Eastern Towhee (
) is an uncommon to rare migrant and winter resident in the eastern third of Texas. They can be found regularly through the Blackland Prairie region. They are rare west through the Rolling Plains to the eastern Panhandle and South Plains and very rare in the eastern Edwards Plateau and northeastern South Texas Brush Country. The only documented breeding record for Texas was found in Harrison County in July 1914. Eastern Towhees breed in the eastern U.S. and are present year round in the southern portion of this region. More northerly birds migrate south during the winter and these migrants are the ones that winter in Texas. Eastern Towhees are characteristic birds of forest edges, overgrown fields and woodlands, and scrubby backyards or thickets. The most important habitat qualities seem to be dense shrub cover with plenty of leaf litter for the towhees to scratch around in a kind of backwards hop. Towhees occur in the Appalachians to about 6,500 feet, but favor warm and dry south-facing slopes more than cool, moist northern faces. Towhees eat many foods: seeds, fruits, insects, spiders, millipedes, centipedes, and snails, as well as soft leaf and flower buds in spring. They also eat seeds and fruits, including ragweeds, smartweeds, grasses, acorns, blackberries, blueberries, wheat, corn, and oats.
Eastern Towhee is a member of the Passerellidae Family that consists of 130 species only found in the New World. Eastern Towhee is a striking looking bird that is predominantly black, rufous, and white. It has a black hood, back, and upper breast with a striking red eye. The flanks are rufous while the underbelly is white. The wing has a white patch at the base of the primaries. The tail is black with white edges and is longer than a sparrow’s tail. The female is essentially identical except for the black is replaced with a warm brown head and upper-parts. They are about 8.5 inches long with an 10.5 inch wingspan. Their typical weight is about 1.4 ounces. They are quite will known for their song which sounds like “jink denk te-e-e-e-e-e-“ or “drink your teeee” while the common call note is a “chewink”.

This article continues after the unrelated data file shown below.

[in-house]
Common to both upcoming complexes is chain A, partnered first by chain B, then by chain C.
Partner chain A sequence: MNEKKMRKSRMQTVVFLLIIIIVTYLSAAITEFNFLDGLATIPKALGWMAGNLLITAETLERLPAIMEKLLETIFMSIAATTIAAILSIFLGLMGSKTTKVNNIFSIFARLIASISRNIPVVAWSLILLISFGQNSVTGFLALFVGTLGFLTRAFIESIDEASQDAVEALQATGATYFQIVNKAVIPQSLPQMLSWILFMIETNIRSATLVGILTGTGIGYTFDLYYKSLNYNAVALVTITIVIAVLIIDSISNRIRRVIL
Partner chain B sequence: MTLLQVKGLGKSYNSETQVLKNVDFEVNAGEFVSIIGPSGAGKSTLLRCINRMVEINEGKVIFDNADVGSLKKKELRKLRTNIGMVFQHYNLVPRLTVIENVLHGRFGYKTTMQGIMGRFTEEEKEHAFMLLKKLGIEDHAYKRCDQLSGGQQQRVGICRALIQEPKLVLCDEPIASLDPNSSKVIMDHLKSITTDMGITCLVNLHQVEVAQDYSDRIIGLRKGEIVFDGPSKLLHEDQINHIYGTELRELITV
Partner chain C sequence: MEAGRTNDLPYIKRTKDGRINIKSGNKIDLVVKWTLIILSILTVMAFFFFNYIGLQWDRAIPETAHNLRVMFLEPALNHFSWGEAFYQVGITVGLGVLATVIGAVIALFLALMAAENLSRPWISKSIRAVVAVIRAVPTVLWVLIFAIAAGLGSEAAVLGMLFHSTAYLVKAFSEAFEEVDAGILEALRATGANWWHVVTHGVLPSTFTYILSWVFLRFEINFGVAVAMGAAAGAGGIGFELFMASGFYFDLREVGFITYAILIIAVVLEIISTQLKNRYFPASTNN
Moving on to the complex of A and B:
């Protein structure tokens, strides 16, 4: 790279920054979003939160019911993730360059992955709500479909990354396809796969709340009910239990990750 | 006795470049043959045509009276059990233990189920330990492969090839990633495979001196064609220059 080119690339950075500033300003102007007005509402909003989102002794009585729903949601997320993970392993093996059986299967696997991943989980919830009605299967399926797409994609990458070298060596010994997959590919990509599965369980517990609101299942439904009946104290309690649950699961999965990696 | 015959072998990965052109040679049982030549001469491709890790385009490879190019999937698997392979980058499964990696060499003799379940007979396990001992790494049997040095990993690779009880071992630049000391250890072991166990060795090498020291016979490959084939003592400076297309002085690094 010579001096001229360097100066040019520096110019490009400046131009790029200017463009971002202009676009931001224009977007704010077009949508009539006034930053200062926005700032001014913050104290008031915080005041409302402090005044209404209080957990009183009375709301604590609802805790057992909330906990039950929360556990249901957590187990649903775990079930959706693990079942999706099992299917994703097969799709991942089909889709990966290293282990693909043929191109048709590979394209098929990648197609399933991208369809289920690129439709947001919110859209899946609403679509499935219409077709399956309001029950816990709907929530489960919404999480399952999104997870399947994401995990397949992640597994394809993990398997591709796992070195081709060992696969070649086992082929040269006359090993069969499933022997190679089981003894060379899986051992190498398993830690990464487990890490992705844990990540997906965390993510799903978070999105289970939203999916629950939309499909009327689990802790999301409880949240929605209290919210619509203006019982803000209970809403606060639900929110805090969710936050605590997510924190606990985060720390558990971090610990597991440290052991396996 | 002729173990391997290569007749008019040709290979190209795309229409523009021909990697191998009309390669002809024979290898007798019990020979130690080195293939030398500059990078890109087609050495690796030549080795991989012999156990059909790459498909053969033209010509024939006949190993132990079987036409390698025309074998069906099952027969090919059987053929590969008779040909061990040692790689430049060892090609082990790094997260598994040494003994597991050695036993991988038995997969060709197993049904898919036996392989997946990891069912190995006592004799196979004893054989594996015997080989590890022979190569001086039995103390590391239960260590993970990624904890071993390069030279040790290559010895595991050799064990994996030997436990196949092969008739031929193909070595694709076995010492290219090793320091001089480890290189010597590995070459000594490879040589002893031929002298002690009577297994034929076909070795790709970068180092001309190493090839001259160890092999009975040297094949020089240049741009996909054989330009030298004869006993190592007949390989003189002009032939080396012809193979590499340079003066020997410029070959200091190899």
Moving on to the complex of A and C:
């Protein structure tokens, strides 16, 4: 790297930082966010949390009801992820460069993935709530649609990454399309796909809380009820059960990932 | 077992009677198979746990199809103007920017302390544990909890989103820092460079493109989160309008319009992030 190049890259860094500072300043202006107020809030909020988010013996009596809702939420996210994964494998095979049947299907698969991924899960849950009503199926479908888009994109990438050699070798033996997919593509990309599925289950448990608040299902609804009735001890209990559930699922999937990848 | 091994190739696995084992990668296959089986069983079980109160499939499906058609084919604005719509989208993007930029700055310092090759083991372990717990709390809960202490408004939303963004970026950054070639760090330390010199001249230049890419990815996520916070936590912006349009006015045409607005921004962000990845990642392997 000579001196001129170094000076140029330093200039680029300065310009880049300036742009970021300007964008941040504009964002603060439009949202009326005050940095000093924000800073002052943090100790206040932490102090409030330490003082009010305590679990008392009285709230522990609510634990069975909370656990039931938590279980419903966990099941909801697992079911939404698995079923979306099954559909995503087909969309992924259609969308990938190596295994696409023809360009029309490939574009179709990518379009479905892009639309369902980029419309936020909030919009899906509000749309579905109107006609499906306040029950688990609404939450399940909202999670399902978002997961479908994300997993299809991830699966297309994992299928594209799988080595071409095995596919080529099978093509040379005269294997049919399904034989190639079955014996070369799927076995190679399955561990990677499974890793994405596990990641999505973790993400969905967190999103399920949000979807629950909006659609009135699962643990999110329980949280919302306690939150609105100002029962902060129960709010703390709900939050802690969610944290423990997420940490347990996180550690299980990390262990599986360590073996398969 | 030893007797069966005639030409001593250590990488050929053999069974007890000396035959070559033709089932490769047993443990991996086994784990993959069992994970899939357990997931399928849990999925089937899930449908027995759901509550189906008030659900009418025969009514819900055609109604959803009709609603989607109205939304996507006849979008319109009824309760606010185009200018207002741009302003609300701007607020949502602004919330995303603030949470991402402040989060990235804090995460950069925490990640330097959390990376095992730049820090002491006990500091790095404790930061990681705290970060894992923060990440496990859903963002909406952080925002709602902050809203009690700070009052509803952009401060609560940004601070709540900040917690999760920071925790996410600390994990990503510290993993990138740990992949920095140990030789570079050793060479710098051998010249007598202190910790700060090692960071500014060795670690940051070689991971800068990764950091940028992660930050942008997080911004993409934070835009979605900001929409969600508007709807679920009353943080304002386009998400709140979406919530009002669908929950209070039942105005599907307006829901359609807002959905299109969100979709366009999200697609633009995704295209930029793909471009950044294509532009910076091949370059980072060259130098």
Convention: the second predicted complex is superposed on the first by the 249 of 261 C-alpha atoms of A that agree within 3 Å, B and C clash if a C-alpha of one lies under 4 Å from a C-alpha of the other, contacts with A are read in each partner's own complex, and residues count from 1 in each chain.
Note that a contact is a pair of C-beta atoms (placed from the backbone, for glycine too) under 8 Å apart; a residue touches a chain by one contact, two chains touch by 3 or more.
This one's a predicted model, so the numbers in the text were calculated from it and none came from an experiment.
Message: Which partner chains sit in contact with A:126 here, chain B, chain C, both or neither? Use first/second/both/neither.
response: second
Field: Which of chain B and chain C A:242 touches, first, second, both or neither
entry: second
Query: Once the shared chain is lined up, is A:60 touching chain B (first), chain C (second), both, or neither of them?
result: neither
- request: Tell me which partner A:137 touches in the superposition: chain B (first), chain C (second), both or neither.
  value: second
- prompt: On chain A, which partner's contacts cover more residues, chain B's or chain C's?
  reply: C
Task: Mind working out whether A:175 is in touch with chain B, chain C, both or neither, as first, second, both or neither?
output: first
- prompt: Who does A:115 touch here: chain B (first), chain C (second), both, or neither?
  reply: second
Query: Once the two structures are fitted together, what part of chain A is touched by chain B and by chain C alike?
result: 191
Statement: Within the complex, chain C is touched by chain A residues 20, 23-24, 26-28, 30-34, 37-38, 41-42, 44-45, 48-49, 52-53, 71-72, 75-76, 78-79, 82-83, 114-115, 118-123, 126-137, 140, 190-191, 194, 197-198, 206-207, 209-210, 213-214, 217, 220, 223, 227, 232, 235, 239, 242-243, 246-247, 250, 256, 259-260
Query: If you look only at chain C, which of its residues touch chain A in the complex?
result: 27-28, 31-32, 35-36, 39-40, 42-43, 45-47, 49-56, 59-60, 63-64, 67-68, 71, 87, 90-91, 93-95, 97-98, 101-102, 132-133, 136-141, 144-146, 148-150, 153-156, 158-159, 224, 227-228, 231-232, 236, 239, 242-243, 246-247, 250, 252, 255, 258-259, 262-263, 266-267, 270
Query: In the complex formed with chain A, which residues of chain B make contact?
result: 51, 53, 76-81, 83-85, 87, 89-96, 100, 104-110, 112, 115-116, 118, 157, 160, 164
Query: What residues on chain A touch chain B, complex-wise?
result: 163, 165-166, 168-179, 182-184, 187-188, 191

The Eastern Towhee was considered the same species as the Spotted Towhee until 1995. Where both species meet in the Great Plains, hybrids do occur.
It has red eyes across most of its range, but the towhees in Florida and Southern Georgia have straw colored eyes. Eye color is variable from southern Alabama to southeastern North Carolina. This pattern may reflect the fact that the pale-eyed form, which was isolated when Florida was an island during the Peistocene era, is now coming back in contact with the red-eyed form of the mainland.
The name “Towhee” , an imitation of this bird’s call note, was given in 1731 by the naturalist and bird artist Mark Catesby, who encountered it in the Carolinas.
A group of towhees are collectively known as a “tangle” and a “teapot” of towhees.
Eastern Towhees are common victims of the parasitic Brown-headed Cowbird. Female cowbirds lay eggs in towhee nests, then leave the birds to raise their cowbird young. In some areas cowbirds lay eggs in more than half of all towhee nests. Towhees, unlike some other birds, show no ability to recognize or remove the imposter’s eggs. Female cowbirds typically take out a towhee egg when laying their own, making the swap still harder to notice.
Eastern Towhees tend to be pretty solitary, and they use a number of threat displays to tell other towhees they’re not welcome. You may see contentious males lift, spread, or droop one or both wings, fan their tails, or flick their tails to show off the white spots at the corners. Studies have shown that male towhees tend to defend territories many times larger than needed simply to provide food.
The oldest known Eastern Towhee was a male in South Carolina, and at least 12 years, 3 months old.